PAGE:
Beaufort's long-awaited Boundary Street redevelopment project should officially break ground Jan. 4, though movement will be seen before then.
The $33.6 million project, meant to make one of the city's main thoroughfares more welcoming and spur development in the area, will begin this month surveying work, marking utilities and possibly removing buildings targeted for demolition. The redeveloped area will stretch more than a mile -- from Neil Road east of Robert Smalls Parkway to Greenlawn Drive near Outback Steakhouse.
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The actual street work is expected to begin the first week of 2016, and the project should take two years.
"This is a fantastic project, and it's a monumental undertaking," project manager David Coleman said Tuesday. "Some days I wake up thinking I'm crazy; Some days I wake up thinking this is the opportunity of a lifetime."
The work is being paid for with $12.6 million in federal funding, local road impact fees, special city tax district funds and money from the county's 1 percent sales tax in 2006. Savannah-based contractor Preferred Materials Inc. was awarded the $18.7 million construction contract.
Here are some key things area residents and visitors need to know about the undertaking, from project manager David Coleman:
1. There will be no roundabouts
Early plans called for roundabouts, also called traffic circles, where Boundary intersects Ribaut Road in front of city hall and also at the intersection of Robert Smalls Parkway. Traffic studies showed a traffic circle at Robert Smalls to be impractical because of too much traffic. The circle at Ribaut Road has been postponed. The intersections will include traditional stoplights, and the Robert Smalls intersection will be reconfigured for better flow.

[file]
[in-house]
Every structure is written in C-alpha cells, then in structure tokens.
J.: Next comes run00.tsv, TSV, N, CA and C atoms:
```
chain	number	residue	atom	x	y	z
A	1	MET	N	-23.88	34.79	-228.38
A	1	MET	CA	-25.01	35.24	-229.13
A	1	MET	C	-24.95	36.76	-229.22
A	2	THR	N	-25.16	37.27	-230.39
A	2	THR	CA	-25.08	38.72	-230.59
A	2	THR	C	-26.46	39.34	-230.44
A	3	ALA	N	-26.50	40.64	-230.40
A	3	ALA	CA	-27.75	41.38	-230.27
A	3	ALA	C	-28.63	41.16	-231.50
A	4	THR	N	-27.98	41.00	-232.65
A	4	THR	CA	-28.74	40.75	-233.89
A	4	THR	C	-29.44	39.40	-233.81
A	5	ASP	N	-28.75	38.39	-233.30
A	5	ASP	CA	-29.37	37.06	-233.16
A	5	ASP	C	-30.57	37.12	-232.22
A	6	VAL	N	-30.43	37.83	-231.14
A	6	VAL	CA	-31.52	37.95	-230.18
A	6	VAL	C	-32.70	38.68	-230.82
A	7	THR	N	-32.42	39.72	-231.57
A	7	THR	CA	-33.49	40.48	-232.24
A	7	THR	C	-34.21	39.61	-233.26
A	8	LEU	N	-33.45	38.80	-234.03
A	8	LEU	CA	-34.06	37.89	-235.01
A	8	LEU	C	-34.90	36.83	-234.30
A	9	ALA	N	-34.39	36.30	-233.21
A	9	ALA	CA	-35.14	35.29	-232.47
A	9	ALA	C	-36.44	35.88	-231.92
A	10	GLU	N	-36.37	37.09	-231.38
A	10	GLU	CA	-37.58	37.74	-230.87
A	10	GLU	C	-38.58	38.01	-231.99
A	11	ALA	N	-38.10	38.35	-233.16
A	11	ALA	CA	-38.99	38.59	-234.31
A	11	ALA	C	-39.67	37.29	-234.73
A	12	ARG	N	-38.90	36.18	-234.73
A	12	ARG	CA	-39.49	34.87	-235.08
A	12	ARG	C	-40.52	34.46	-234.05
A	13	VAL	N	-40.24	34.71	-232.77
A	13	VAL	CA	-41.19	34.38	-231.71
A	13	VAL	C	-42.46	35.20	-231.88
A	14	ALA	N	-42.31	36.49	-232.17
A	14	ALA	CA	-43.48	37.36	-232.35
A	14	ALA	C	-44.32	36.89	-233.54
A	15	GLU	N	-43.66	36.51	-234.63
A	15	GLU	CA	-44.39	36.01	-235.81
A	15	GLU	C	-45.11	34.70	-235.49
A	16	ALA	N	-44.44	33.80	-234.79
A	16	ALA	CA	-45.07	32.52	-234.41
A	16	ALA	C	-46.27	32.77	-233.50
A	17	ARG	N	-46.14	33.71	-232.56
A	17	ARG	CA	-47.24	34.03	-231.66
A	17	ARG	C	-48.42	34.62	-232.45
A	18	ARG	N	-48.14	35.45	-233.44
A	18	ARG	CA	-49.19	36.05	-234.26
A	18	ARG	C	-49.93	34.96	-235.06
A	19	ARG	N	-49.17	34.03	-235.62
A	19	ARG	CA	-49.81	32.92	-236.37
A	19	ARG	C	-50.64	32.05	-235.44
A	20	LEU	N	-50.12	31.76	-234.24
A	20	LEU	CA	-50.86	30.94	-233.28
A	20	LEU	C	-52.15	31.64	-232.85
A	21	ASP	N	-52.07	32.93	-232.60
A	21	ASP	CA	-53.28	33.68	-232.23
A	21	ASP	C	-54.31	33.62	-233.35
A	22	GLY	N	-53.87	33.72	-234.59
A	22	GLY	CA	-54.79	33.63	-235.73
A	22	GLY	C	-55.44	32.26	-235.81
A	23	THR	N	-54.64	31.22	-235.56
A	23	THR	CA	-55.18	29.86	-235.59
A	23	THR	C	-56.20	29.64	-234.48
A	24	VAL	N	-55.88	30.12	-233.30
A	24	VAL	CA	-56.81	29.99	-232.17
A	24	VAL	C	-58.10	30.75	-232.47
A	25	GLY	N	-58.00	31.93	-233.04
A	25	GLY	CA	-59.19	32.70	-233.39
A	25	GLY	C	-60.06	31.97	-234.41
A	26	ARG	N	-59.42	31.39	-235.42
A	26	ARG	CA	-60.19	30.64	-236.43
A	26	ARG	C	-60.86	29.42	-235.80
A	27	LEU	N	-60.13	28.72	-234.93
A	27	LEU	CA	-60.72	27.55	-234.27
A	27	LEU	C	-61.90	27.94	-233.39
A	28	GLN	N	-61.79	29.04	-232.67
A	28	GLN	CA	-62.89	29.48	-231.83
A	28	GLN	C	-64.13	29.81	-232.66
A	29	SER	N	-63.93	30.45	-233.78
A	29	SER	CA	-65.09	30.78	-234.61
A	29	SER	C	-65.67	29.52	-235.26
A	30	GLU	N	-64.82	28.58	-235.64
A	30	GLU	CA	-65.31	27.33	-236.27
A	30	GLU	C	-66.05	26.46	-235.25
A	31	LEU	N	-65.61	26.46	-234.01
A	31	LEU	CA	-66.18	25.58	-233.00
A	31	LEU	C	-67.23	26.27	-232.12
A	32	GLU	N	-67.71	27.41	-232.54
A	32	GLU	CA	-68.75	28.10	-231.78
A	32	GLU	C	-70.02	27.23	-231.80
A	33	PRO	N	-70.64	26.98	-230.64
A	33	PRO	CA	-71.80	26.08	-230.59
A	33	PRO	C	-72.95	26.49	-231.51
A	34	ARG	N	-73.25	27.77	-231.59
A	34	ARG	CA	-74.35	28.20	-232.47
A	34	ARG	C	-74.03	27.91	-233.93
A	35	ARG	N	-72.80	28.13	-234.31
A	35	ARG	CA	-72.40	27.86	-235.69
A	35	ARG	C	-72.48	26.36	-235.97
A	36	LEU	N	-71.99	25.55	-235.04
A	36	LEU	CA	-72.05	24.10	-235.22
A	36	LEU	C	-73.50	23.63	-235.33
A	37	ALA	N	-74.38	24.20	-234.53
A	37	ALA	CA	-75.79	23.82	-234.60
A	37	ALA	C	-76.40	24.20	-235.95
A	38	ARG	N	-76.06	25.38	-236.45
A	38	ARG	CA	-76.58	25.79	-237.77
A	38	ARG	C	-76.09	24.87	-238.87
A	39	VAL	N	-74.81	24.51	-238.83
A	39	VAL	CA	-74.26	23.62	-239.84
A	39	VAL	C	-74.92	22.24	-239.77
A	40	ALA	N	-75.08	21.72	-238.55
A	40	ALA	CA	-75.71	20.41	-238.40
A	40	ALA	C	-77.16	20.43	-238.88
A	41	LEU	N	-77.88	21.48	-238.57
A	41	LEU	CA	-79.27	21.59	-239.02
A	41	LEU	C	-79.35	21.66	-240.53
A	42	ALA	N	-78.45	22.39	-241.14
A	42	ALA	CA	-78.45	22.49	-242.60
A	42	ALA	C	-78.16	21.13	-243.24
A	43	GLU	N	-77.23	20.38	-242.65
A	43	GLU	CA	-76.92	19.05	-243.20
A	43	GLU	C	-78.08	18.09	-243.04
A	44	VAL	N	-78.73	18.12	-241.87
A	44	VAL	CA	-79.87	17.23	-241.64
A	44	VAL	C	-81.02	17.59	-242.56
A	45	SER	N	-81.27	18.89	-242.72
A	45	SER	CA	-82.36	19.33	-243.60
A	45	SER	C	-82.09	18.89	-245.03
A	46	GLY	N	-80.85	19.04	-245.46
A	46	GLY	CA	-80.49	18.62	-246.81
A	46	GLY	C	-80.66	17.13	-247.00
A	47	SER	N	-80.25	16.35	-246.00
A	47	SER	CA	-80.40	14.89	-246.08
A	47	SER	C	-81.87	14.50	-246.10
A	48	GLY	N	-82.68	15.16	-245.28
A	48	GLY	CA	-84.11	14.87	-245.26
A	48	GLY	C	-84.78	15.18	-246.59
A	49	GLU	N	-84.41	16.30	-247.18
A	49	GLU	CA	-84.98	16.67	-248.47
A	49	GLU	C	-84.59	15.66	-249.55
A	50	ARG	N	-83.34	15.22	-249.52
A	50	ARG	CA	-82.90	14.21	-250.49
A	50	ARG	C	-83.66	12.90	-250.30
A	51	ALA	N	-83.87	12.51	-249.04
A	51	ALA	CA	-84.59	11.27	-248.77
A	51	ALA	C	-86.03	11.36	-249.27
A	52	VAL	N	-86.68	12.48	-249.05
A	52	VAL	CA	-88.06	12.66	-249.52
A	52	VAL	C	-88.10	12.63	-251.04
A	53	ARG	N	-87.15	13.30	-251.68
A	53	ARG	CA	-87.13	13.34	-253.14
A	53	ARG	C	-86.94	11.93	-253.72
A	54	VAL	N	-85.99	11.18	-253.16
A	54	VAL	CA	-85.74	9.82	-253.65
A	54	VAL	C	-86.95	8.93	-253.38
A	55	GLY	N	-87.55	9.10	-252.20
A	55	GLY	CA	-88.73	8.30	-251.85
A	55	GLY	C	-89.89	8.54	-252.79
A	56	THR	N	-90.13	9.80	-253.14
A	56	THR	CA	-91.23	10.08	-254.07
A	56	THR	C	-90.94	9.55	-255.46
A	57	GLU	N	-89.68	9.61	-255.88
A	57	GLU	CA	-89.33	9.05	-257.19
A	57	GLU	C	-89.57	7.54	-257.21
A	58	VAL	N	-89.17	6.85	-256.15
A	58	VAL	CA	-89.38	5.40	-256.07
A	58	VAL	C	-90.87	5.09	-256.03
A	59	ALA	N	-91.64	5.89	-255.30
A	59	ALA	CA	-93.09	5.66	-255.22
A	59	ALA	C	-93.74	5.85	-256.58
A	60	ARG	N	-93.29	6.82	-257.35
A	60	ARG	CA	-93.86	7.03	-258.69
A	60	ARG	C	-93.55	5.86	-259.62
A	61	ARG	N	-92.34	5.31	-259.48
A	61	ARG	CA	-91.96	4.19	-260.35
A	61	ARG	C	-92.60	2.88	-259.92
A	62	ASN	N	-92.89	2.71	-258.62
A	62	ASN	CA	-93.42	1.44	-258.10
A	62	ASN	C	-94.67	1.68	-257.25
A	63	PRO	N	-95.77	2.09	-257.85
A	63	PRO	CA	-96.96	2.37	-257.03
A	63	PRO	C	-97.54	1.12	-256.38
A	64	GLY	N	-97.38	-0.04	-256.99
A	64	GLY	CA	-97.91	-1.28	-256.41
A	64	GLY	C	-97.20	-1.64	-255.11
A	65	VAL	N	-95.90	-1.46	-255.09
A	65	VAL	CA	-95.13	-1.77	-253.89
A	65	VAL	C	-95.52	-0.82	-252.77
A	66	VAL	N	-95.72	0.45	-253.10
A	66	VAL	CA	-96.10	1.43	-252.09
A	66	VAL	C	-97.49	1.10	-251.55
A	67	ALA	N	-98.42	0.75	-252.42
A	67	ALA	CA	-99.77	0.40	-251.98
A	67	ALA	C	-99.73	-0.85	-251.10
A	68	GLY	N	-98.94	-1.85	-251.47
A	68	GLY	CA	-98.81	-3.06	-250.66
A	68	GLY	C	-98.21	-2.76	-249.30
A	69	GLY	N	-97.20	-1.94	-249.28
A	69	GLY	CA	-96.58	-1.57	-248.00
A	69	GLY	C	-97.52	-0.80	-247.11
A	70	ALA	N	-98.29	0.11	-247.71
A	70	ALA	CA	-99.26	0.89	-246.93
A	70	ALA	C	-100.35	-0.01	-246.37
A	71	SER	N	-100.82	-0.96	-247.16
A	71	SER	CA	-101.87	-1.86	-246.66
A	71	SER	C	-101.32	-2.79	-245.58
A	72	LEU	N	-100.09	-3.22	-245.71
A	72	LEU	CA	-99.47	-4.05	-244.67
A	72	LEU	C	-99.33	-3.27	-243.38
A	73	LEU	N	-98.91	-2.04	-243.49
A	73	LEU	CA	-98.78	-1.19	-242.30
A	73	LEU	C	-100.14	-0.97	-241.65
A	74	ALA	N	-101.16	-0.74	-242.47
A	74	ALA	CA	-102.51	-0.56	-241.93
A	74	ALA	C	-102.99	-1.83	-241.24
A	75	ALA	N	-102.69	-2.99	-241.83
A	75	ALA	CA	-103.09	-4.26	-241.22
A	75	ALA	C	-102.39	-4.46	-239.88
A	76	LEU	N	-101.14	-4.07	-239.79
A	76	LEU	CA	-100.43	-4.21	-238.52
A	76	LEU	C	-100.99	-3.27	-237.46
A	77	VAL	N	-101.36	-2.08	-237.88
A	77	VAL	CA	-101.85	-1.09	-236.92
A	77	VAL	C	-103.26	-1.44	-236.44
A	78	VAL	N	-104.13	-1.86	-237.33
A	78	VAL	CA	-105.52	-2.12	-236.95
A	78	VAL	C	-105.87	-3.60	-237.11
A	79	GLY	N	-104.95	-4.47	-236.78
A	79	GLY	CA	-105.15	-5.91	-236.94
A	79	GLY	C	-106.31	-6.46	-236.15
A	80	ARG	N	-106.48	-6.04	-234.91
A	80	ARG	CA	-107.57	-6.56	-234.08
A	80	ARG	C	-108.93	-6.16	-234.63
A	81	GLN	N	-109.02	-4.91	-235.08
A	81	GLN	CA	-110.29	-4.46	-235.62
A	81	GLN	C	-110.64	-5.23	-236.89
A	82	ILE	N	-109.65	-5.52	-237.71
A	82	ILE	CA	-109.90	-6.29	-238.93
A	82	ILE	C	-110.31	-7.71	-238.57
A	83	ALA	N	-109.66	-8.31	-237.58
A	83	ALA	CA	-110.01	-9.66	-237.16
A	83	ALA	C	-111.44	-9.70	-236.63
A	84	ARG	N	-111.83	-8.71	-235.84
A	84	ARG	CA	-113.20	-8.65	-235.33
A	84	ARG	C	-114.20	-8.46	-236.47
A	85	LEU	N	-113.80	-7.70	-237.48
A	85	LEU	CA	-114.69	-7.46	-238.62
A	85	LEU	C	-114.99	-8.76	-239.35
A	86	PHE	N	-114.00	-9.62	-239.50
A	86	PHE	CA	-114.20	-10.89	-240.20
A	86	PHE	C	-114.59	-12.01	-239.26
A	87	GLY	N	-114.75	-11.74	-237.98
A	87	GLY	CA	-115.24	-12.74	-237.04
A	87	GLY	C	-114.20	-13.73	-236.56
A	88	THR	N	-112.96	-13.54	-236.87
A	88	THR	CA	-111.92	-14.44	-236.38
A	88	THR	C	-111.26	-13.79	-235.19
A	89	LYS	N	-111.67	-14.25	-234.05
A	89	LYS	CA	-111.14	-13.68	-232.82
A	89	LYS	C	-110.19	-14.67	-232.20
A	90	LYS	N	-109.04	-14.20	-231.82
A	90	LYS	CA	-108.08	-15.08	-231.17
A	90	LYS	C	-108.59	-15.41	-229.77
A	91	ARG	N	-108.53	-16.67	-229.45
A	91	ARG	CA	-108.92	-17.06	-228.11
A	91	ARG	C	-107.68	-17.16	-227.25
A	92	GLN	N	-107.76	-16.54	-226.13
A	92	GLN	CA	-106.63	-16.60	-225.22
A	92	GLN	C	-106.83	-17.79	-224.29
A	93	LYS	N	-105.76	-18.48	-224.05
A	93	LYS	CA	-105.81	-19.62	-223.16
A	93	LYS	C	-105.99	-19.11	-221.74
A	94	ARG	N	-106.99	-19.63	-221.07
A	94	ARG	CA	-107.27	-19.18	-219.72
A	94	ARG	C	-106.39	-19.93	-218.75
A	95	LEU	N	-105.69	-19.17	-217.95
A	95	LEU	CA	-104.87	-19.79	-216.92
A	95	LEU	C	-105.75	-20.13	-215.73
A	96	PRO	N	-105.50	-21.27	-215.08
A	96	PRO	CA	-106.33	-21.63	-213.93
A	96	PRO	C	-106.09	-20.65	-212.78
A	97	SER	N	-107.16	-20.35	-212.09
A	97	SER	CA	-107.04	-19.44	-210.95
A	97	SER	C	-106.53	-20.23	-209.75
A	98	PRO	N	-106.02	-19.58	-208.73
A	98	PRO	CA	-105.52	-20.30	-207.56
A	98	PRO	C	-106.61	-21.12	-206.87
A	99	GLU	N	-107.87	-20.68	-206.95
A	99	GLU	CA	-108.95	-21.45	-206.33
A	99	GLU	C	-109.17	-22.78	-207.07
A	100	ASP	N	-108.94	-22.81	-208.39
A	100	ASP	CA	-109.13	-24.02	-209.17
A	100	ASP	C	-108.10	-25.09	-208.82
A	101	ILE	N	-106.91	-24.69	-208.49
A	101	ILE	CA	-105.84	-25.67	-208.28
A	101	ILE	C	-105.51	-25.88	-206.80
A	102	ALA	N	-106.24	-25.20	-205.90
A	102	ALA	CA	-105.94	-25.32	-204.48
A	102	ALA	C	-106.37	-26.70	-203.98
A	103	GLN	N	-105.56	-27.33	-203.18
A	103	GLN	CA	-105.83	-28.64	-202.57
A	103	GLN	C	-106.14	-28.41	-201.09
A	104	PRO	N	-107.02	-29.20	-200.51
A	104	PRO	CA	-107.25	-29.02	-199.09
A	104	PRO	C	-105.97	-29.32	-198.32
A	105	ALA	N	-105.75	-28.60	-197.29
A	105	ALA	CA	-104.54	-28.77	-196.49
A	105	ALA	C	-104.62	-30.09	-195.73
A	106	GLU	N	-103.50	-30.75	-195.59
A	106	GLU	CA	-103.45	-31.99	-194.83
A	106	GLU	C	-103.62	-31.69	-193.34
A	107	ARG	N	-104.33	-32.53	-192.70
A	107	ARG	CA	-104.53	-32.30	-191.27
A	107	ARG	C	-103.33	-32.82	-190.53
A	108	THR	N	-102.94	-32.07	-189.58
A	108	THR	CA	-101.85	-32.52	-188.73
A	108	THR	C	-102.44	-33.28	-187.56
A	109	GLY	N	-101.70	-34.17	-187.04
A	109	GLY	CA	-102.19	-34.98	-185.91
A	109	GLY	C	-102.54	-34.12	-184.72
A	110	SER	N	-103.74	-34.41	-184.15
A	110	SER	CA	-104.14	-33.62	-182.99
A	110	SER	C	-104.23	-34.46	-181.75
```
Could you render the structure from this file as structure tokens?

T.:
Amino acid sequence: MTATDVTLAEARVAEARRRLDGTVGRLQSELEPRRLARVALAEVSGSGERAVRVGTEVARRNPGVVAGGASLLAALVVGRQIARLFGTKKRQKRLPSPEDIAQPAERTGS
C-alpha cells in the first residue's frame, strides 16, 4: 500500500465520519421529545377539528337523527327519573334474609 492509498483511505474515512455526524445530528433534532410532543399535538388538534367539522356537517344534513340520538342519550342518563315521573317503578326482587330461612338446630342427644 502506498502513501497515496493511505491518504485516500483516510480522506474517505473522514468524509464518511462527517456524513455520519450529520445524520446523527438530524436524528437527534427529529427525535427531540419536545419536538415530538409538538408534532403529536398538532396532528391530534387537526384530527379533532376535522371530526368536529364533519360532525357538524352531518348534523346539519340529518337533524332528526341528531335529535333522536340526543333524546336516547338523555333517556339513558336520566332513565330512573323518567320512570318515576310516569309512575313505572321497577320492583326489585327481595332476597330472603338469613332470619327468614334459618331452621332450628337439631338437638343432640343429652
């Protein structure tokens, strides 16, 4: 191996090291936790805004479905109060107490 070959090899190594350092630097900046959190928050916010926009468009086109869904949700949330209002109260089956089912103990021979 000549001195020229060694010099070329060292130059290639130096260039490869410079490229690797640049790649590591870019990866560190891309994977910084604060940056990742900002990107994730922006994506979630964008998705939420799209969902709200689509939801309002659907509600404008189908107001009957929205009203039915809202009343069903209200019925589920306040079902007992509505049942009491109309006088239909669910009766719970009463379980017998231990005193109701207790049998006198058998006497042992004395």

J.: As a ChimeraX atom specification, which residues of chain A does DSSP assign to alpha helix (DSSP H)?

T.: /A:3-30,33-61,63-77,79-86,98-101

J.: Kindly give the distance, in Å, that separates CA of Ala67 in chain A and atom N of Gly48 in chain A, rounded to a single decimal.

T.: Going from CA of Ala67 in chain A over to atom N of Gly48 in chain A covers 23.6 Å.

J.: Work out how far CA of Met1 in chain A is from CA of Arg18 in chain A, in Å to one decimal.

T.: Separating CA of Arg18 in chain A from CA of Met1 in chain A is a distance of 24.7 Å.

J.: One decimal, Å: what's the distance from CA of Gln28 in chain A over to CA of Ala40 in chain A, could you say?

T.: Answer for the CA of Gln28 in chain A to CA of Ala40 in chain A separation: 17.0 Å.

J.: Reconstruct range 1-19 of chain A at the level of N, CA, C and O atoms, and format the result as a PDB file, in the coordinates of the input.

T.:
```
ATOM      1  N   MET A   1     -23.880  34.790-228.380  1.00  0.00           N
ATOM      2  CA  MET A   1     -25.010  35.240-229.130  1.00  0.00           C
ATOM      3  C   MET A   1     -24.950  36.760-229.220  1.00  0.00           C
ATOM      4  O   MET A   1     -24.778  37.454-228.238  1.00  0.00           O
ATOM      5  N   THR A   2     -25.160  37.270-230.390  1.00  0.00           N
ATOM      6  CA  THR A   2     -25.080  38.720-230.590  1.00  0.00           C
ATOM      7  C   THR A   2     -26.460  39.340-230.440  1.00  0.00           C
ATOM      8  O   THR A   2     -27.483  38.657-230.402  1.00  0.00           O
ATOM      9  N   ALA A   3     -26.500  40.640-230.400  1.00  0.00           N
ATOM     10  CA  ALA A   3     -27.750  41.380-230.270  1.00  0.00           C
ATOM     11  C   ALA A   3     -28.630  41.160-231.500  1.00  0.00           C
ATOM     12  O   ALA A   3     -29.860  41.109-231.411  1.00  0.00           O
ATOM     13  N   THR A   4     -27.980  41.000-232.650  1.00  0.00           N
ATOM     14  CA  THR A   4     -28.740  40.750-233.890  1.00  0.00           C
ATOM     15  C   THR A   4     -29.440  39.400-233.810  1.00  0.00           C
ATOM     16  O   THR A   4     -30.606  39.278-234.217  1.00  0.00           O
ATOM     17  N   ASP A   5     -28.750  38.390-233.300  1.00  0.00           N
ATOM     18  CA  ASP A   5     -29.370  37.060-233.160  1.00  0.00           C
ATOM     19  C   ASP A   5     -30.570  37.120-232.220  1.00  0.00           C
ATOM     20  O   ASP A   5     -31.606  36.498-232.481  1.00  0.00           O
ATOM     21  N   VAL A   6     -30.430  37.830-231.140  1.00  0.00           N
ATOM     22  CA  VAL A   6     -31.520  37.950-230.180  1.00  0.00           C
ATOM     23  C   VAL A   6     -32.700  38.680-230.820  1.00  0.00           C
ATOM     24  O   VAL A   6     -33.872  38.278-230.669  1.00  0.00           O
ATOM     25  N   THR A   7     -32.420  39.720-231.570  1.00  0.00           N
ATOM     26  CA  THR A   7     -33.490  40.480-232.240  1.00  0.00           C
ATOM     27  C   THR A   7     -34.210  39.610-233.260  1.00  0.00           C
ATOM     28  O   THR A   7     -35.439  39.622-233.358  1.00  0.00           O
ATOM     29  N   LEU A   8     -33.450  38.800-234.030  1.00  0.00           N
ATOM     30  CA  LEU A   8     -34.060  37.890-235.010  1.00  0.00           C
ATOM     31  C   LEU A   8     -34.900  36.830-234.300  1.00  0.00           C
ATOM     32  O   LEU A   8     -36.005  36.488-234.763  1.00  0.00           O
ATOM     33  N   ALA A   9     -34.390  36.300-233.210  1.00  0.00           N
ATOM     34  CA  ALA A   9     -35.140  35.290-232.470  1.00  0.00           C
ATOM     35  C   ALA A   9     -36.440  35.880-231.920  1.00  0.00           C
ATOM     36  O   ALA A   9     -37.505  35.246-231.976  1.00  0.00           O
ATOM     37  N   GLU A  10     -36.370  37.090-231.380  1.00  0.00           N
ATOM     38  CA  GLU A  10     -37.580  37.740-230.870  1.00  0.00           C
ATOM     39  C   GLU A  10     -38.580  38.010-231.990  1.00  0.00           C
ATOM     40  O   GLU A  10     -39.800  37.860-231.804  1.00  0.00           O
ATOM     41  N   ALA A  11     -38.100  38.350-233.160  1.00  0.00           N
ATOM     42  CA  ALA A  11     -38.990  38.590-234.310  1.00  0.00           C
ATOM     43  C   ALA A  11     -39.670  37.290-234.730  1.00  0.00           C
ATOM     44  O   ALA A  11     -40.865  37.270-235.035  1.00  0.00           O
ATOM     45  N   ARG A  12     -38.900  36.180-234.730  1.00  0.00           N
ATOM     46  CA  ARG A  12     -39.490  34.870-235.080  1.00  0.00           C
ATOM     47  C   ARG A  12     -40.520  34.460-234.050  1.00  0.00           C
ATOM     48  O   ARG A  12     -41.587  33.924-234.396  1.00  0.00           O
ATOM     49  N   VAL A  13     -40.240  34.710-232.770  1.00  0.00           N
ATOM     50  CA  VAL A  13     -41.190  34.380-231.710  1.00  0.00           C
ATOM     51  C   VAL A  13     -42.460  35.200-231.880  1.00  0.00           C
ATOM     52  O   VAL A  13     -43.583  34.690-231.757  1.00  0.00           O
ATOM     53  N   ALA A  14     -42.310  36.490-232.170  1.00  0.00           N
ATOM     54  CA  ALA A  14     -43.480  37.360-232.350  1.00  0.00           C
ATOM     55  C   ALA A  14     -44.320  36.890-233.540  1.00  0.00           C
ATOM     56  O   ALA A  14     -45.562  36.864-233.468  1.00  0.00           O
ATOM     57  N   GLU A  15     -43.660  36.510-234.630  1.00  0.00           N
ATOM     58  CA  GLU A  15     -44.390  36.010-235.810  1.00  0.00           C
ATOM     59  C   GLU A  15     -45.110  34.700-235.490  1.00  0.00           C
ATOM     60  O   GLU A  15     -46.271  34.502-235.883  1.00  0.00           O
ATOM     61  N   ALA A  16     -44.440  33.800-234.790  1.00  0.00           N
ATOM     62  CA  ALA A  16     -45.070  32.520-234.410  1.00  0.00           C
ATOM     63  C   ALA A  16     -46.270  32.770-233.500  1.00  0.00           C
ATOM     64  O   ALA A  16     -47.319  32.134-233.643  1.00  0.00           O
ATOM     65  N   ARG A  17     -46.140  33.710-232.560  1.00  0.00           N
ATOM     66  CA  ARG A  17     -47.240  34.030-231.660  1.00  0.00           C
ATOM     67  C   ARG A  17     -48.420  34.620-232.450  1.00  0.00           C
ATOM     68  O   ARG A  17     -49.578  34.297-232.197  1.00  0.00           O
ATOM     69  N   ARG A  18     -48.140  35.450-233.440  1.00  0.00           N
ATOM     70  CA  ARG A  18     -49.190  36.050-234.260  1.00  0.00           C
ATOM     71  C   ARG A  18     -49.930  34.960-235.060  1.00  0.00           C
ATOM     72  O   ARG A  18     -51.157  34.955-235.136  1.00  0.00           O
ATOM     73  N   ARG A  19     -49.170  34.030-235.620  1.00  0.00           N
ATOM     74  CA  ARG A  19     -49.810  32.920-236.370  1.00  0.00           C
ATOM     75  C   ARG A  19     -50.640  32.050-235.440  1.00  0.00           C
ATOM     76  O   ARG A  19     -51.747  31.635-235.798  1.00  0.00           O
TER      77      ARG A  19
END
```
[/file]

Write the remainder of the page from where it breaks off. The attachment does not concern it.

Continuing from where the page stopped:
2. Four lanes will remain open weekdays and Saturday during construction
The S.C. Department of Transportation does not allow lane closures during daylight hours -- 6 a.m. until 8 p.m. -- during the week and on Saturday. Any lane closures will happen at night and Sundays and notices posted in advance, Coleman said. Traffic might be shifted during the week, and medians are expected to be removed, but four lanes will remain open during the day.
3. The completed project will still include four lanes
The work still calls for two lanes going each way, though 1-foot narrower and with concrete, landscaped medians. A parallel road will be built north of Boundary Street.
Intersections will include left turn lanes with green arrows, so that those needing to make a U-turn to reach a business can do so safely, Coleman said.
The new design will be safer and allow for more traffic, Coleman said. Traffic signals will be computer controlled and adjust based on traffic flow.
Emergency responders can activate green lights for the entire stretch.
4. Utilities will be buried
By the end of the project, all the power lines along the stretch will be underground. That work should be completed within a year, though Coleman said the power lines and poles could remain up for some time after that until the new utilities are connected and the poles can be cleared. New LED lighting will line the roadway. The buried lines will make the area more attractive, Coleman said, and will eliminate issues such as loss of power in the area due to car crashes.
5. The work is expected to improve stormwater quality
A new stormwater design will eliminate contaminates that leave the roadways and enter Battery Creek during heavy rains, Coleman said, and plans are in place to control runoff during construction.
He said the work will reduce the impervious area due to the landscaped medians and sidewalks that can absorb rain.
"This is a green project," Coleman said.
BOUNDARY STREET UPDATES
As work begins on Boundary Street, project manager David Coleman will hold weekly meetings with the public at 3 p.m. Fridays on the first floor of city hall. The first meeting is Dec. 4.
Updates will also be available on www.boundarystreetupdate.com.
Follow reporter Stephen Fastenau at twitter.com/IPBG_Stephen.